# Solids of Revolution by Disks

We can have a function, like this one: And revolve it around the x-axis like this: To find its volume we can add up a series of disks: Each disk's face is a circle: The area of a circle is π times radius squared:

A = π r2

And the radius r is the value of the function at that point f(x), so:

A = π f(x)2

And the volume is found by summing all those disks using Integration:

Volume =
b
a
π f(x)2 dx

And that is our formula for Solids of Revolution by Disks

In other words, to find the volume of revolution of a function f(x): integrate pi times the square of the function.

### Example: A Cone

Take the very simple function y=x between 0 and b Rotate it around the x-axis ... and we have a cone! The radius of any disk is the function f(x), which in our case is simply x What is its volume? Integrate pi times the square of the function x :

Volume =
b
0
π x2 dx First, let's have our pi outside (yum).

Seriously, it is OK to bring a constant outside the integral:

Volume = π
b
0
x2 dx

Using Integration Rules we find the integral of x2 is: x33 + C

To calculate this definite integral, we calculate the value of that function for b and for 0 and subtract, like this:

Volume = π (b33033)

= π b33

Compare that result with the more general volume of a cone:

Volume = 1 3 π r2 h

When both r=b and h=b we get:

Volume = 1 3 π b3

As an interesting exercise, why not try to work out the more general case of any value of r and h yourself?

We can also rotate about other lines, such as x = −1

### Example: Our Cone, But About x = −1

So we have this: Rotated about x = −1 it looks like this: The cone is now bigger, with its sharp end cut off (a truncated cone)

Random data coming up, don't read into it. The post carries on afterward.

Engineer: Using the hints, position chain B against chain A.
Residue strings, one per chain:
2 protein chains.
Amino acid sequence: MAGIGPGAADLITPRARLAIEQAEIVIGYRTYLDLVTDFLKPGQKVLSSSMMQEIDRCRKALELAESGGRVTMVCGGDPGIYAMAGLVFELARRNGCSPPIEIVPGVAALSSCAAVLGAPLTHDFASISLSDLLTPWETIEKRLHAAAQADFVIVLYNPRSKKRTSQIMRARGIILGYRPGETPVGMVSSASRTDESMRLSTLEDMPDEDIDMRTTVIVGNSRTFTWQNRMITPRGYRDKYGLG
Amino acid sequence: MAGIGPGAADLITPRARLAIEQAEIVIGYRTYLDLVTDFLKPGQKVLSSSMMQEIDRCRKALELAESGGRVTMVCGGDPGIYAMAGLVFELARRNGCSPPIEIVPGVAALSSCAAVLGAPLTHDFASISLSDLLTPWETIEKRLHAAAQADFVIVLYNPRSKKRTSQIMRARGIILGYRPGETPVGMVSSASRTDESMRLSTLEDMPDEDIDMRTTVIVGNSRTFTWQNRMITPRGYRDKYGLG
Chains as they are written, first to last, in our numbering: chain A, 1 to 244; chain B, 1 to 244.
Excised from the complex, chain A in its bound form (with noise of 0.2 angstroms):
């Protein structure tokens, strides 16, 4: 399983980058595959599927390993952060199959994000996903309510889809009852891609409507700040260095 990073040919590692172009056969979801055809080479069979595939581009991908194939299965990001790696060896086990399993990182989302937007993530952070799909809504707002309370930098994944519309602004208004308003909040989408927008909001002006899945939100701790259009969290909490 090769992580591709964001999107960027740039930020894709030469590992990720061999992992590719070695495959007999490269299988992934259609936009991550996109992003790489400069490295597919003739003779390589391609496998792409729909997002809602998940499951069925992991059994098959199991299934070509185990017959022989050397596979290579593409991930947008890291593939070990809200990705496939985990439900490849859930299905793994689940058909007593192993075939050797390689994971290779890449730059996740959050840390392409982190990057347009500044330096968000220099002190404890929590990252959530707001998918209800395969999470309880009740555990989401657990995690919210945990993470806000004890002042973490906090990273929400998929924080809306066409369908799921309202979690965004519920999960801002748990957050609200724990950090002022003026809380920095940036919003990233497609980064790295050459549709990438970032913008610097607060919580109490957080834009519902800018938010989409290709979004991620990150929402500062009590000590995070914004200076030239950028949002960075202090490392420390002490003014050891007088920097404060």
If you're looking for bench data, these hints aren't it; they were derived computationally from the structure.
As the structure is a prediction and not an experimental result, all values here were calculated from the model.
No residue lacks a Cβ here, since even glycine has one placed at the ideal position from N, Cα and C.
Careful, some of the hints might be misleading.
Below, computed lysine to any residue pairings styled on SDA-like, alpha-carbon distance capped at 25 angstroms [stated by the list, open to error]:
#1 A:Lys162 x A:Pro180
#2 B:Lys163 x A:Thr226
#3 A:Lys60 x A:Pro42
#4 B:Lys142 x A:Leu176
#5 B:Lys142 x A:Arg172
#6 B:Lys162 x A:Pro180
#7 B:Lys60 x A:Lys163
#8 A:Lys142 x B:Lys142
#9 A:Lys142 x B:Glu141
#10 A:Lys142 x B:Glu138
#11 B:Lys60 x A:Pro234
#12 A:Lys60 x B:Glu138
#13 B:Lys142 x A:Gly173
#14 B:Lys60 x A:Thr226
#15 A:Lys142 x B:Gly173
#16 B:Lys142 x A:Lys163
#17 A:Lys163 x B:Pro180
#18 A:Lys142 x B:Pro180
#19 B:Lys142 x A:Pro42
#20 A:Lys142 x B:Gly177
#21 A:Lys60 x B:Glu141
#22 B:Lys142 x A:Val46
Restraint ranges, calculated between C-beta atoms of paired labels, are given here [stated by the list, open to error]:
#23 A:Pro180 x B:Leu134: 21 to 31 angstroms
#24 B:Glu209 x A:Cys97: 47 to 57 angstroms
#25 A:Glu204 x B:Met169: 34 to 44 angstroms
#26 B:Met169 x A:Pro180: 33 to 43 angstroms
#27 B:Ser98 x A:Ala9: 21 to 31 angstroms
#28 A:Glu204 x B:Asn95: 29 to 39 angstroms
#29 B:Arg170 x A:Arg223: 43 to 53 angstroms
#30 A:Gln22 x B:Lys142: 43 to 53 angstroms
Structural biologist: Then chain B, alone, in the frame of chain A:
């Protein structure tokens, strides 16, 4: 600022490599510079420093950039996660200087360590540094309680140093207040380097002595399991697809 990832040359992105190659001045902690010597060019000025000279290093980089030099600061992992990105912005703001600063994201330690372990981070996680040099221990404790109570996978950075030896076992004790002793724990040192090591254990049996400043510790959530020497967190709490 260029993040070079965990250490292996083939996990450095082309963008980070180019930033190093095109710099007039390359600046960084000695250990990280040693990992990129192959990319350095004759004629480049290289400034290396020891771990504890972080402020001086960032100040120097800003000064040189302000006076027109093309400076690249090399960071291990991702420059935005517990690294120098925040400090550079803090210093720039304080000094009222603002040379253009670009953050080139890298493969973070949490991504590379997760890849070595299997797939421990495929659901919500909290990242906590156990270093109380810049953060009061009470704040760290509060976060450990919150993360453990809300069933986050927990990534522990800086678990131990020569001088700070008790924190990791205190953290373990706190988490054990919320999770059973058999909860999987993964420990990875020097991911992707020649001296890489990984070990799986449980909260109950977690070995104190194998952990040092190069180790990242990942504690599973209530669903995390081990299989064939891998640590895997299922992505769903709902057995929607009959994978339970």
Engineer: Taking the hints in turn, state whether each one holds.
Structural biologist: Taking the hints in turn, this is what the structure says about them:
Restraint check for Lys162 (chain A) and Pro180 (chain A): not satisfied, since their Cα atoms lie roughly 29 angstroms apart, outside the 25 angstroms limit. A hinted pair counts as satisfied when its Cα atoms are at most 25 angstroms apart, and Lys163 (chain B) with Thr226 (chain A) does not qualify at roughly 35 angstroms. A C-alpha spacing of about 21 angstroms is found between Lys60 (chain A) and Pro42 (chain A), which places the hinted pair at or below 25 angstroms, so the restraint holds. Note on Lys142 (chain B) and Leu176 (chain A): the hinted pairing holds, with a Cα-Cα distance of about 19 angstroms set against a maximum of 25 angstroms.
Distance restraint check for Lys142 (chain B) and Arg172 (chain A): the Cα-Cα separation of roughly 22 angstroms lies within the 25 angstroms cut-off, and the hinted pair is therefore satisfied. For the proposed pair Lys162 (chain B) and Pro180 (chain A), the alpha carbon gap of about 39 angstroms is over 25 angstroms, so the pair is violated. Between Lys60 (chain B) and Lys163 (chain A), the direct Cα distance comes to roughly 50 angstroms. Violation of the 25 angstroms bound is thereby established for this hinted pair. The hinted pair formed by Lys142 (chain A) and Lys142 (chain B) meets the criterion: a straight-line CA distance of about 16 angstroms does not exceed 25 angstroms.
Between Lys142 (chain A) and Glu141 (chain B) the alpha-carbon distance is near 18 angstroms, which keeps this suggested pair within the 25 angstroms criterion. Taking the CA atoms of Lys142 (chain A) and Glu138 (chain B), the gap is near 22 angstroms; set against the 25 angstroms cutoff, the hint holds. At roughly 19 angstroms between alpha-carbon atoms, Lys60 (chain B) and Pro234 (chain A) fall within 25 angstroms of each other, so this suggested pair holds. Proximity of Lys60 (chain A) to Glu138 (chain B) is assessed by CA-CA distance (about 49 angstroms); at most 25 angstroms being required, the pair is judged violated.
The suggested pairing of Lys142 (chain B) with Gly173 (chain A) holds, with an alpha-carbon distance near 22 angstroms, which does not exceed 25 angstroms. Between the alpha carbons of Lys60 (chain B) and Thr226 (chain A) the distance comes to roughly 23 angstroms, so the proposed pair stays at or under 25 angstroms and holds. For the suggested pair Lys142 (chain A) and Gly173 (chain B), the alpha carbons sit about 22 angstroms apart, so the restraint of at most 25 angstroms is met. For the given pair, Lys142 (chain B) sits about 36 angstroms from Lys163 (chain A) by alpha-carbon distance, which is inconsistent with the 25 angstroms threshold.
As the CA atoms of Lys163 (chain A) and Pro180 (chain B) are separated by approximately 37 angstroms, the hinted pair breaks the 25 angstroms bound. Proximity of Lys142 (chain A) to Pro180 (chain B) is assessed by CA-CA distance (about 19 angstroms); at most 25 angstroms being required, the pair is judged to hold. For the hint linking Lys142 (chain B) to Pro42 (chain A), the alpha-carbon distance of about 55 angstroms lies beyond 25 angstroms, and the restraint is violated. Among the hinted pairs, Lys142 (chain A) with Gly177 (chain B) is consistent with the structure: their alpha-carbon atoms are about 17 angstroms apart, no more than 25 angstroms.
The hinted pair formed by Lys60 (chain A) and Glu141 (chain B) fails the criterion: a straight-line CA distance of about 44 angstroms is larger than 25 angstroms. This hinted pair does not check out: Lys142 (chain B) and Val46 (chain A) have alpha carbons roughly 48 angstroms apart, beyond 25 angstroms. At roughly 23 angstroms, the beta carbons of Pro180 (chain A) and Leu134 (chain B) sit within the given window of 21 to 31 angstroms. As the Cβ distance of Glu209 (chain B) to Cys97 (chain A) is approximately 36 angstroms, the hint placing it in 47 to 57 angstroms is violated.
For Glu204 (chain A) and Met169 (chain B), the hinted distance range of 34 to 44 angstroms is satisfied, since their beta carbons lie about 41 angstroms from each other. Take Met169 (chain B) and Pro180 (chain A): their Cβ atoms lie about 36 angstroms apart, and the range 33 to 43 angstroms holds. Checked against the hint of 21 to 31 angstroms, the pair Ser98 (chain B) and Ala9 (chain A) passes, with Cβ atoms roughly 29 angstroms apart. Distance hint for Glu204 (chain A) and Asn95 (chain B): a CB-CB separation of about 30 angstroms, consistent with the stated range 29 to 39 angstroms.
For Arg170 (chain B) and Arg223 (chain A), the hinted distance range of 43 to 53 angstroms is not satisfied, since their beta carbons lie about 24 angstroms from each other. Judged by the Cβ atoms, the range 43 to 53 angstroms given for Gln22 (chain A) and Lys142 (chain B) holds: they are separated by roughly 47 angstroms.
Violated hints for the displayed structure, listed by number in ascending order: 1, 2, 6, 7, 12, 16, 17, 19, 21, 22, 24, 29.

Let's draw in a sample disk so we can work out what to do: OK. Now what is the radius? It is our function y=x plus an extra 1:

y = x + 1

Then integrate pi times the square of that function:

Volume =
b
0
π (x+1)2 dx

Pi outside, and expand (x+1)2 to x2+2x+1 :

Volume = π
b
0
(x2 + 2x + 1) dx

Using Integration Rules we find the integral of x2+2x+1 is x3/3 + x2 + x + C

And going between 0 and b we get:

Volume = π (b3/3+b2+b − (03/3+02+0))

= π (b3/3+b2+b)

Now for another type of function:

### Example: The Square Function

Take y = x2 between x=0.6 and x=1.6 Rotate it around the x-axis: What is its volume? Integrate pi times the square of x2:

Volume =
1.6
0.6
π (x2)2 dx

Simplify by having pi outside, and also (x2)2 = x4 :

Volume = π
1.6
0.6
x4 dx

The integral of x4 is x5/5 + C

And going between 0.6 and 1.6 we get:

Volume = π ( 1.65/5 − 0.65/5 )

6.54

Can you rotate y = x2 about x = −1 ?

## In summary: • Have pi outside
• Integrate the function squared
• Subtract the lower end from the higher end

We can also rotate about the Y axis:

### Example: The Square Function

Take y=x2, but this time using the y-axis between y=0.4 and y=1.4 Rotate it around the y-axis: And now we want to integrate in the y direction!

So we want something like x = g(y) instead of y = f(x). In this case it is:

x = √(y)

Now integrate pi times the square of √(y)2 (and dx is now dy):

Volume =
1.4
0.4
π √(y)2 dy

Simplify with pi outside, and √(y)2 = y :

Volume = π
1.4
0.4
y dy

The integral of y is y2/2

And lastly, going between 0.4 and 1.4 we get:

Volume = π ( 1.42/2 − 0.42/2 )

2.83...

## Washer Method Washers: Disks with Holes

What if we want the volume between two functions?

### Example: Volume between the functions y=x and y=x3 from x=0 to 1

These are the functions: Rotated around the x-axis: The disks are now "washers": And they have the area of an annulus: In our case R = x and r = x3

In effect this is the same as the disk method, except we subtract one disk from another.

And so our integration looks like:

Volume =
1
0
π (x)2π (x3)2 dx

Have pi outside (on both functions) and simplify (x3)2 = x6:

Volume = π
1
0
x2 − x6 dx

The integral of x2 is x3/3 and the integral of x6 is x7/7

And so, going between 0 and 1 we get:

Volume = π [ (13/3 − 17/7 ) − (0−0) ]

≈ 0.598...

So the Washer method is like the Disk method, but with the inner disk subtracted from the outer disk.